Interview with Roni Lee

Photo Credit: Frank Rodrick
We chat with Roni Lee, who recently released her Doll Face EP. With a successful career spanning 40 years, the guitarist and performer was a staple in the ’70s rock scene, sharing the stage with artists like Van Halen, Steppenwolf, The Ramones, Blondie, and The Motels. She is performing at the Cutting Room (NYC) on Thursday, June 14th, and also at Rhodes North Tavern (Sloatsburg, NY) on July 15th.

1. Your newest release, the Doll Face EP, delivers a captivating guitar-fronted rock sound. How and when did the EP begin to come to life?

During the pandemic I was putting out some re-releases and arrangements of cover tunes — just things to basically keep myself busy even though I thought I would get a lot of writing done during that time, but it was actually more difficult for some reason. Just the uncertainty of the time, so I ended up spending more time with my family, and I did enjoy that. Then music restlessness stepped in, and I think that drove the crunching sound that I wanted. I just wanted to have some fun “love sucks but life is great,” tunes that rock ‘n’ roll and have some fun!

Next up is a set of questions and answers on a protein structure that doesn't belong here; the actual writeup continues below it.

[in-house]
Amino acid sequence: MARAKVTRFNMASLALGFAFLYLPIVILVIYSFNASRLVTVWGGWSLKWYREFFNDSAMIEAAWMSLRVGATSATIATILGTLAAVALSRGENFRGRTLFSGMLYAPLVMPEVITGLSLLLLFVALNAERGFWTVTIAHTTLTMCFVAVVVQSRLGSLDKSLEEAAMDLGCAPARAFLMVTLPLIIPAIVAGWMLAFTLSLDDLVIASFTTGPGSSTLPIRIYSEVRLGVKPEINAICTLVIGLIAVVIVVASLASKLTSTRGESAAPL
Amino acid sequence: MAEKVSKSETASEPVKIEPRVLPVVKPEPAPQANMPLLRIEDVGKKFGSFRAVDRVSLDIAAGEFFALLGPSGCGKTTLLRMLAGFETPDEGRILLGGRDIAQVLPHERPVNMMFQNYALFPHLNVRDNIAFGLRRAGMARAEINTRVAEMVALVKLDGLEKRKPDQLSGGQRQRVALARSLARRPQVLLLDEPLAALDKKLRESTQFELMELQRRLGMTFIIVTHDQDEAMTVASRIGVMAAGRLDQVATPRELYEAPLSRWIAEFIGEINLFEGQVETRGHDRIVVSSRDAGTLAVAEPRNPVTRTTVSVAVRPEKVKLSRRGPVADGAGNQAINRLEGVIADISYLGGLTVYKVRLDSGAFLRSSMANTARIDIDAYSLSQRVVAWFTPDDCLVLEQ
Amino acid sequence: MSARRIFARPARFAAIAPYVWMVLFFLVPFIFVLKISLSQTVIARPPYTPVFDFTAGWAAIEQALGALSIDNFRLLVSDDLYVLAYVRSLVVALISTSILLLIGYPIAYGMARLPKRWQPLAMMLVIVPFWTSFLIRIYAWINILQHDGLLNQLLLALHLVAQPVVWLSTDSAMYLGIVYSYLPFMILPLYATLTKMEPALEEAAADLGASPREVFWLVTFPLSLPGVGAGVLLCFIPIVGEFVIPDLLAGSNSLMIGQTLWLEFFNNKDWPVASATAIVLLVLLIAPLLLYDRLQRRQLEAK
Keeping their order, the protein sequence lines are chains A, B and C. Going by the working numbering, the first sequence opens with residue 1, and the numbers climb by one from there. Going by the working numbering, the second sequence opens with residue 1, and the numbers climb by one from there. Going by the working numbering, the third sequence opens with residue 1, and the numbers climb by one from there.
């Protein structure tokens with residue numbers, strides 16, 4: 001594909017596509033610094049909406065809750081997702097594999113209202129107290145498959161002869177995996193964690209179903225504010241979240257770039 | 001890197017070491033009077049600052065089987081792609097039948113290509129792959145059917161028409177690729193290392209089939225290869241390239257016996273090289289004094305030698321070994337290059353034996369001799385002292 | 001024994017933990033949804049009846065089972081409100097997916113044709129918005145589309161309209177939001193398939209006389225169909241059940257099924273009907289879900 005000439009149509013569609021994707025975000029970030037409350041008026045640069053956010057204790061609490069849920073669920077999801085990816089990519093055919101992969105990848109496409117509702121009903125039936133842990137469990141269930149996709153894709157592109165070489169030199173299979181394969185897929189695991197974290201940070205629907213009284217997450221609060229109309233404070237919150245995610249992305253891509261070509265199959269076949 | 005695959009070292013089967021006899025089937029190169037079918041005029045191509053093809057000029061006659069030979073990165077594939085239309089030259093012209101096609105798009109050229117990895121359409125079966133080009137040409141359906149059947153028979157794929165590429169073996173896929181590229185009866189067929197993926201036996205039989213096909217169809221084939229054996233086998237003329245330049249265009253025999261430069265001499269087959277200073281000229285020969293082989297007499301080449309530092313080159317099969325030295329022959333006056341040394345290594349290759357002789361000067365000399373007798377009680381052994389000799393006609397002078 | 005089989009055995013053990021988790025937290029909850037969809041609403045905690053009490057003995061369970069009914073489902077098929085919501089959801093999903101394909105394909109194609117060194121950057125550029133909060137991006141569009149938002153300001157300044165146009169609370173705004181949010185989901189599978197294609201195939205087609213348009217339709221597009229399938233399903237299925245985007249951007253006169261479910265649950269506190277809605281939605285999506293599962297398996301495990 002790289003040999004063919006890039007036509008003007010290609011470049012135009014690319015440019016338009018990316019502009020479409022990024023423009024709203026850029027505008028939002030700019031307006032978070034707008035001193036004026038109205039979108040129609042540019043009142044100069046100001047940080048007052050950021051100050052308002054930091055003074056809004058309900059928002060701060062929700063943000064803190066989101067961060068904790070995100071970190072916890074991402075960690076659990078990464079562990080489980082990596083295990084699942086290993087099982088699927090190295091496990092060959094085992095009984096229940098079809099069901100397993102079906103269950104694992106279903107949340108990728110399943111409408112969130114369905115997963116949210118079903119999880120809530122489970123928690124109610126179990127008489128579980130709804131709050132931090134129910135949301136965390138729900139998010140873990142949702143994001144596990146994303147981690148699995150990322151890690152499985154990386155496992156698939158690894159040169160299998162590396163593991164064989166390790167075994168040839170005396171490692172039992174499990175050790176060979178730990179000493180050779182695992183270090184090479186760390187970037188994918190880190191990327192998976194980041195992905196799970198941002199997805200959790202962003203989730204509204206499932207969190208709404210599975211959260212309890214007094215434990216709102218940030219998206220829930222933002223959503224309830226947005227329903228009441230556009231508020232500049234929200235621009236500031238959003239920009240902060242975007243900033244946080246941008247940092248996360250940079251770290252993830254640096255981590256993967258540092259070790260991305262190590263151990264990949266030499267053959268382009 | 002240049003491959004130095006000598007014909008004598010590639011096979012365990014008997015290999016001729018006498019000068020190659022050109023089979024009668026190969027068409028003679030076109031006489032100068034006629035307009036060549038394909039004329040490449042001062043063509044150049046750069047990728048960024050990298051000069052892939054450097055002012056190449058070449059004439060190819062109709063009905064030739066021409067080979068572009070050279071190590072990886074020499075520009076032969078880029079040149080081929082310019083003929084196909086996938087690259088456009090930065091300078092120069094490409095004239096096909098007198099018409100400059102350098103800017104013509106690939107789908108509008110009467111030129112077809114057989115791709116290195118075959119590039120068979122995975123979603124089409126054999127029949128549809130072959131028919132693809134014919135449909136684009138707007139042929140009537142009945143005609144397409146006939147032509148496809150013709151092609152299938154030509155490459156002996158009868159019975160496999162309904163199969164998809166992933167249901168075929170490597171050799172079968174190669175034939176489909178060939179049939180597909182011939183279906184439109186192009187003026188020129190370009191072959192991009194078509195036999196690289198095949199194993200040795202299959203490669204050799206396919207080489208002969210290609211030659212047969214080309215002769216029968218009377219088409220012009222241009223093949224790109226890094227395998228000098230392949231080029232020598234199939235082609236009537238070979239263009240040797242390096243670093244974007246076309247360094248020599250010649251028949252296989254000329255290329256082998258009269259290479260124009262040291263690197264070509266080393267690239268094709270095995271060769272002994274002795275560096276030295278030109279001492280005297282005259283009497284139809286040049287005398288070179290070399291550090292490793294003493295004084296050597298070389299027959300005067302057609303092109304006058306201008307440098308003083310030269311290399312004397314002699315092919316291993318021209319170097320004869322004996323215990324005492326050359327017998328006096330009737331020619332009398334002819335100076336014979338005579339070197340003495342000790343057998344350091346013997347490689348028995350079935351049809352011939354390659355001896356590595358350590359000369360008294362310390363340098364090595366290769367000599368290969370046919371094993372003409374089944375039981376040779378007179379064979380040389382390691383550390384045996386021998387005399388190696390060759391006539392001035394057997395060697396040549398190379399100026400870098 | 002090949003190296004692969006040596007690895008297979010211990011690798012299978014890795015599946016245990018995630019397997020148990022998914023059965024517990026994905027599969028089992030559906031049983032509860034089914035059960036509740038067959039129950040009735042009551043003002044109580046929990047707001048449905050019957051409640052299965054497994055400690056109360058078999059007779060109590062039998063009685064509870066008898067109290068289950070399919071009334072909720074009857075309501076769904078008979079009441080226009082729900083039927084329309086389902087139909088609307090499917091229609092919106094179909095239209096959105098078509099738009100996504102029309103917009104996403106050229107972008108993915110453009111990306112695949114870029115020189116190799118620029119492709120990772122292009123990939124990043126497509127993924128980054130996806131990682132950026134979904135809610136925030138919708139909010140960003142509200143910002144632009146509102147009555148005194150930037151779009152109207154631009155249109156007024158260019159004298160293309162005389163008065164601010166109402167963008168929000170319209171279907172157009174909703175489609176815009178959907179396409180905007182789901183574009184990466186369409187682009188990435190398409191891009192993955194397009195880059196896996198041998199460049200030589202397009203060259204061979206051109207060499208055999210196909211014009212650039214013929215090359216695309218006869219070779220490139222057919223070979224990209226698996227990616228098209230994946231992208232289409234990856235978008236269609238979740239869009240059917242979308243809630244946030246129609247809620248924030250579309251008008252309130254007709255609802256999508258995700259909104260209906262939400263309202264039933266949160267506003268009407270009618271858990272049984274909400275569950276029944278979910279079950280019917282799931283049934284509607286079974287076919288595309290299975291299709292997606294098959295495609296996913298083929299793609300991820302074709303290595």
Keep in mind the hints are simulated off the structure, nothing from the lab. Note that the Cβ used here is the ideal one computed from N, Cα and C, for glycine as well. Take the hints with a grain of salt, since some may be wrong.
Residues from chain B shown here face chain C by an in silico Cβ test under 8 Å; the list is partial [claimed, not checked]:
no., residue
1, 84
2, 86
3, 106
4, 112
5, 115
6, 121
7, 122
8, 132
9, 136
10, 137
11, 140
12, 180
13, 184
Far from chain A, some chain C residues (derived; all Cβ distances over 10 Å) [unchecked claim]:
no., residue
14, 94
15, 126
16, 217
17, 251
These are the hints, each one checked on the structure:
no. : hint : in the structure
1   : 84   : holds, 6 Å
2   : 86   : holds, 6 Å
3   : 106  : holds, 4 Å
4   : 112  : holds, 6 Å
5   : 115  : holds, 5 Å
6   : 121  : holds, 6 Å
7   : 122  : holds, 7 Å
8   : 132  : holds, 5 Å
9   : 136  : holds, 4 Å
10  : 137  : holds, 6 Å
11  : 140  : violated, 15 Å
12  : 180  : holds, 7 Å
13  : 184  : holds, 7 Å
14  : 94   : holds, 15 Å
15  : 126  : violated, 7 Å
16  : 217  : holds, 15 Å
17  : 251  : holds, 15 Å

“Doll Face” reflects the many faces we all wear in life to try to be everything to everyone, or just doing what we have to do these days! I guess I relate to that, especially since I almost feel like I’ve lived multiple lives in this lifetime! To get a little deeper, it’s a bit reflective of what it’s like to be a woman and keeping up with that face we literally (and figuratively) put on daily!

Lynn Sorensen, my writing partner, and I wrote, recorded, and did a music video called “Prisoner.” Dealing with some heavy situations that we had experienced with our children so that was put on this EP as well. It was great to get new music out and really, a new direction for me with “I Don’t like the Rain.” (A little ironic since everyone who knows me, knows I love actual rain) LOL

2. Your successful career has spanned from the ’70s to today — from co-writing The Runaways’ hit “I Wanna Go Where The Boys Are” to being the guitarist in Venus and the Razorblades, and sharing the stage with the likes of Joan Jett, Van Halen, Blondie, and The Ramones. Is there a particular experience that stands out to you as career-defining or especially integral to your growth as an artist?